In mid-November 2021, the Biden administration surprisingly removed Nigeria from the list of countries with religious freedom concerns. Now a group of Republican senators sent a letter to the president demanding explanations and pushing for its reinstatement.

Seven Republican lawmakers, led by Senator Josh Hawley, wrote a letter to Secretary Antony Blinken on Monday, Dec. 13, demanding that he reinstate Nigeria to a State Department list detailing countries where religious freedom is at risk, such as North Korea, Saudi Arabia, and China, among others.

In 2020, the Trump administration placed Nigeria on that list following intense attacks by terrorist groups against religious people. But interestingly, in November 2021, before Blinken visited Nigeria, the Biden administration released an updated list that omitted the African country. 

“While much of the violence in Nigeria overlaps with ethnic conflicts, hostility between ethnic groups is not solely to blame. Religious intolerance and persecution is a primary factor, and it is important that the State Department acknowledge that,” the letter reads.

“It is clear to us that religious freedom conditions in Nigeria have not seen consummate improvement to warrant this abrupt change in designation after such a brief period. Therefore, we urge the Department to immediately reconsider its decision and redesignate Nigeria as a Country of Particular Concern,” the lawmakers go on to say.

The letter further demands that the administration publish valid arguments explaining the reasons for delisting Nigeria and whether these reasons have anything to do with the official visit of State Department officials to Nigeria in November.

Nigeria’s delisting prompted a wave of reactions from several human rights groups, including the Family Research Council, which also sent a letter with other organizations last week asking for explanations and requesting a reversal of the action.

The letter cites a Catholic News Agency report published in July, stating that at least 3,462 Christians are estimated to have been killed in Nigeria in the first 200 days of 2021, equivalent to 17 Christians killed every day in Africa’s most populous country.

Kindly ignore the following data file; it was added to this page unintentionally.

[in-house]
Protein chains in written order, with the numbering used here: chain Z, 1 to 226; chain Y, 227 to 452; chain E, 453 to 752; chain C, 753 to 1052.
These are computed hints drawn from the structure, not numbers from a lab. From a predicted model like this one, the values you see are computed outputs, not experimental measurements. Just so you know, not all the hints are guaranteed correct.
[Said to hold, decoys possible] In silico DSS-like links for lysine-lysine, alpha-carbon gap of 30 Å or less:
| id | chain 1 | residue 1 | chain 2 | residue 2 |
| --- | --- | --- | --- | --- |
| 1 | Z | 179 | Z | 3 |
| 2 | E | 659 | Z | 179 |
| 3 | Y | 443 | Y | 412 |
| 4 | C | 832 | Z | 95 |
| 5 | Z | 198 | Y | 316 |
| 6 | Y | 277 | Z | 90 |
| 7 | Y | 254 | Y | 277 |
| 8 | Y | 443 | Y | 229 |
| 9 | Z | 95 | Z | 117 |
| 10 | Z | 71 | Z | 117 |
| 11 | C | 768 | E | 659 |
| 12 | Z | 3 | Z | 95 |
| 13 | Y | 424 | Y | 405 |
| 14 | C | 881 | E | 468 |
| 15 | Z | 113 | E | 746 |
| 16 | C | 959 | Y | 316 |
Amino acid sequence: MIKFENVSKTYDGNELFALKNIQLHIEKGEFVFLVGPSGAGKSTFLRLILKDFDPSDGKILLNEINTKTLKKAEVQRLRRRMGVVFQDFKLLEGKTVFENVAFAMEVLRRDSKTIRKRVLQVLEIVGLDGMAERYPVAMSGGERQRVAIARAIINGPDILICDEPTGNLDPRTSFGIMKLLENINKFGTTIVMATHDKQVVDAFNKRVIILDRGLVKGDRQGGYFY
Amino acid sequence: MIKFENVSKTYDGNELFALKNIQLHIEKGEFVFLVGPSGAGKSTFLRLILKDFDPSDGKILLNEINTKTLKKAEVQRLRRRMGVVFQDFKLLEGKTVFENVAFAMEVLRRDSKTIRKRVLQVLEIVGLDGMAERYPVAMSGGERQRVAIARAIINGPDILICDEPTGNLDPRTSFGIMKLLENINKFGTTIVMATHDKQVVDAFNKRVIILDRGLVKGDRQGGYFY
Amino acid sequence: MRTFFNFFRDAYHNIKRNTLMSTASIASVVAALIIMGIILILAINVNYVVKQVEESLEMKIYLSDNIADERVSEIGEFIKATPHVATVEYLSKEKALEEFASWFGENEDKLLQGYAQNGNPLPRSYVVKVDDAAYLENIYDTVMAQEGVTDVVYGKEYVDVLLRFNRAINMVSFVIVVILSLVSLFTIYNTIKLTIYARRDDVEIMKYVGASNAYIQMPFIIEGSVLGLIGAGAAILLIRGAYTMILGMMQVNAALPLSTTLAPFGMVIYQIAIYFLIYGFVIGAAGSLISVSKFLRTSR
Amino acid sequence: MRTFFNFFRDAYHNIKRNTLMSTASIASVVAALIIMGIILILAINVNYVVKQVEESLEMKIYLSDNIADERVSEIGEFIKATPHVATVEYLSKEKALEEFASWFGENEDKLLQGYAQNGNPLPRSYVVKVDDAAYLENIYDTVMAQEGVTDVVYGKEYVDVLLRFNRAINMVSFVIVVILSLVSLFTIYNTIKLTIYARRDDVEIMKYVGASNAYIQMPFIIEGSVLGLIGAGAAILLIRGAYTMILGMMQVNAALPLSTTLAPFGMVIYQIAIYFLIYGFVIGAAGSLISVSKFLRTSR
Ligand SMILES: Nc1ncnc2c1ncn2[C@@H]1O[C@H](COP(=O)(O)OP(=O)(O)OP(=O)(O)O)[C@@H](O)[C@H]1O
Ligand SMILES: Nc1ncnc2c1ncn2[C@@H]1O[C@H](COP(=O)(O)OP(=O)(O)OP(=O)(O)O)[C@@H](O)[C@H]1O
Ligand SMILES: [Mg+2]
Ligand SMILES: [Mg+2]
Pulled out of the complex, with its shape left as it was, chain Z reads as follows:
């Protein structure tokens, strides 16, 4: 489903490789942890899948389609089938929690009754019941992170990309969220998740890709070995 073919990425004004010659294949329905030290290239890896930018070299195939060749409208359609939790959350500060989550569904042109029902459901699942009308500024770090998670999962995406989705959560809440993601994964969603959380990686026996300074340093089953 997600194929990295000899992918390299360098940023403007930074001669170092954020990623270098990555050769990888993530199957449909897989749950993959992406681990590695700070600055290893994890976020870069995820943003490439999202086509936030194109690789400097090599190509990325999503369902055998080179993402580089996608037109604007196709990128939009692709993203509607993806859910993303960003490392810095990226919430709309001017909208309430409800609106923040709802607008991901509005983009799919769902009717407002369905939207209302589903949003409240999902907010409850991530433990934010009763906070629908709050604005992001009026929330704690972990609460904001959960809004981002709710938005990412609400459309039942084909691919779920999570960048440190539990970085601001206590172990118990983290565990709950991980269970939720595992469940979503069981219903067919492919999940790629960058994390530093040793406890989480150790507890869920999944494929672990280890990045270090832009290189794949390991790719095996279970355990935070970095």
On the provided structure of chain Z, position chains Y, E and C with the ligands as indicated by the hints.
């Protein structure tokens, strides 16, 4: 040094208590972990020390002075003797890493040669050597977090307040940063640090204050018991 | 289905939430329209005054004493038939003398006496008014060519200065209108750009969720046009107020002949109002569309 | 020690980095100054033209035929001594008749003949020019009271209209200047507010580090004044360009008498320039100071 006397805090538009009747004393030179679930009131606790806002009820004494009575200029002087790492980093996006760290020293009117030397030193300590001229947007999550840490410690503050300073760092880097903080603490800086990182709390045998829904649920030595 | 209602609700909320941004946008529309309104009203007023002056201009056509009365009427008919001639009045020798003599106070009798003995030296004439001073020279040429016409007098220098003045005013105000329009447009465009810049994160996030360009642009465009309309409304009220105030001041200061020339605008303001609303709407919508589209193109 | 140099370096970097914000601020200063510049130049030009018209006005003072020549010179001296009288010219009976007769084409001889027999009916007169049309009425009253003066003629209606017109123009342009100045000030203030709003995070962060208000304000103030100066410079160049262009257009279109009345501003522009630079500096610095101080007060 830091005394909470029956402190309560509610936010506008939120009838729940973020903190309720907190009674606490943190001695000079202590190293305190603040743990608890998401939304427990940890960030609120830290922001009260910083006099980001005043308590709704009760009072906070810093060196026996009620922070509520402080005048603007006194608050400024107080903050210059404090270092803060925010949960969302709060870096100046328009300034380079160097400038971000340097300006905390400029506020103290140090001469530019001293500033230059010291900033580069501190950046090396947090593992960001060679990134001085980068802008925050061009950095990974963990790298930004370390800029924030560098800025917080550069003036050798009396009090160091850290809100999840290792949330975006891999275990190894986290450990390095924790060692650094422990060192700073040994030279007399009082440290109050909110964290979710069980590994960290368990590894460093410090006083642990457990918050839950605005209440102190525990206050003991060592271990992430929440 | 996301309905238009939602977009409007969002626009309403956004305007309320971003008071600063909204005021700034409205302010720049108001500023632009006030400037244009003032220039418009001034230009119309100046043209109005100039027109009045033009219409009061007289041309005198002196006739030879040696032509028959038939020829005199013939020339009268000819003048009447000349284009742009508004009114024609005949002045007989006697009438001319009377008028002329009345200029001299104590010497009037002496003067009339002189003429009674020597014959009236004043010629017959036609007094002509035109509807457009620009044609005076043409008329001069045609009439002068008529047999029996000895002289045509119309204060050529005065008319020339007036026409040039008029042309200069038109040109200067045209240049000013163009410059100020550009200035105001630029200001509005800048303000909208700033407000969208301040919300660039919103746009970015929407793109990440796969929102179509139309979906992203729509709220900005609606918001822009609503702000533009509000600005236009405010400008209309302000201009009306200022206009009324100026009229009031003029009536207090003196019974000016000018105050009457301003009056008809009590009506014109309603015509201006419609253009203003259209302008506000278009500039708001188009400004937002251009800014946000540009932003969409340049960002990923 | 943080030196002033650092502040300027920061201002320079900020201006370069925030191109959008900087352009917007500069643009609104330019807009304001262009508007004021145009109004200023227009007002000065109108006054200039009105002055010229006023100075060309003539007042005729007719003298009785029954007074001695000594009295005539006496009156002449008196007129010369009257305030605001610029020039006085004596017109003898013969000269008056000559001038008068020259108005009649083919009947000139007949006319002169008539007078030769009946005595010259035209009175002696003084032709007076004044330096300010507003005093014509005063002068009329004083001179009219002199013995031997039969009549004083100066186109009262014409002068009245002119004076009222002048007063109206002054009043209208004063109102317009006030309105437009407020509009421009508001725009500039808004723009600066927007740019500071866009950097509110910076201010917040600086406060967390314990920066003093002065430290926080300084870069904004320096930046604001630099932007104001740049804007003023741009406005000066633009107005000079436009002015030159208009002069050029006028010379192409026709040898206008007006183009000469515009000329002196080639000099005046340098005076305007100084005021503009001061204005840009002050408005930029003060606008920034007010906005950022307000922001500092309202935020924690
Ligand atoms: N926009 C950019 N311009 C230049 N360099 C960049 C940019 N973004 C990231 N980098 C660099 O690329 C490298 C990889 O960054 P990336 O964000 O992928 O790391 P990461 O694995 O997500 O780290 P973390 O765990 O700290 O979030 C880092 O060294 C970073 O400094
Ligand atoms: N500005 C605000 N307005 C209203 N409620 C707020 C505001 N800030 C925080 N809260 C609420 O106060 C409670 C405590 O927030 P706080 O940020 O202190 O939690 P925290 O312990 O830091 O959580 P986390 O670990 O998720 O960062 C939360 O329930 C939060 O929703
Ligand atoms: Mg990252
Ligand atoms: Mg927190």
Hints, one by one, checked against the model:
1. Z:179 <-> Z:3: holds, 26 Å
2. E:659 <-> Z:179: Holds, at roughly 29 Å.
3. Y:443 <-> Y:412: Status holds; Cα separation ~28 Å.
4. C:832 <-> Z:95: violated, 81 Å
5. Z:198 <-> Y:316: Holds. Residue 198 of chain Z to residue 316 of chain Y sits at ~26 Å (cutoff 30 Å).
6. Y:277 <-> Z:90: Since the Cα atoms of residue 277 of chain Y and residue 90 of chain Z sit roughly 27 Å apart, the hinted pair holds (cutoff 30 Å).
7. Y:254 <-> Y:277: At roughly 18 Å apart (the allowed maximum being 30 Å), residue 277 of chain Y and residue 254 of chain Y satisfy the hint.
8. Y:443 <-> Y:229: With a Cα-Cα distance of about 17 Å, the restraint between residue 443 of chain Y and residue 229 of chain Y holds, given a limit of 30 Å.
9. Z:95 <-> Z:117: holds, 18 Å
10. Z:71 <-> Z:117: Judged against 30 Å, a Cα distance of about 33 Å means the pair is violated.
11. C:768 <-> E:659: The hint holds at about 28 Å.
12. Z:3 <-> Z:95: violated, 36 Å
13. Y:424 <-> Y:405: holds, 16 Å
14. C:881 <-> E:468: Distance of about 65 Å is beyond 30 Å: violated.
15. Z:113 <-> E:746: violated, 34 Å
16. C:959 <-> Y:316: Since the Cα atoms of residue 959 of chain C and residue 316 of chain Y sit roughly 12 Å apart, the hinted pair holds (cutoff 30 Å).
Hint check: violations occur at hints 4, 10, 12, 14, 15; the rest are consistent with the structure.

The U.S. Commission on International Religious Freedom (USCIRF), on the other hand, had recommended in April that Nigeria remain on the list, citing “violence by militant Islamists and other non-state armed actors, as well as discrimination, arbitrary detentions, and capital blasphemy sentences by state authorities” in the country.

The commission, which also recommended that India, Syria, and Vietnam be designated as countries of concern, said in a statement that it was “dismayed” by Nigeria’s expulsion.

Religious persecution in Nigeria

According to recent reports, the Islamic terrorist group Boko Haram and Fulani jihadist herdsmen are reportedly the main perpetrators of the religious persecution of Christians in Nigeria.

Hundreds of churches are currently being threatened, burned, and destroyed. While the faithful are abducted by the dozens, many are crudely murdered in front of their families, and others die locked up in prisons without respect for their most basic rights.

In many regions of the country, terrorists operate freely under the cover and protection of the security forces; kidnapping, killing, looting, destroying or burning, and forcibly converting their captive and unprotected Christians and their homes and sacred places of worship and learning.

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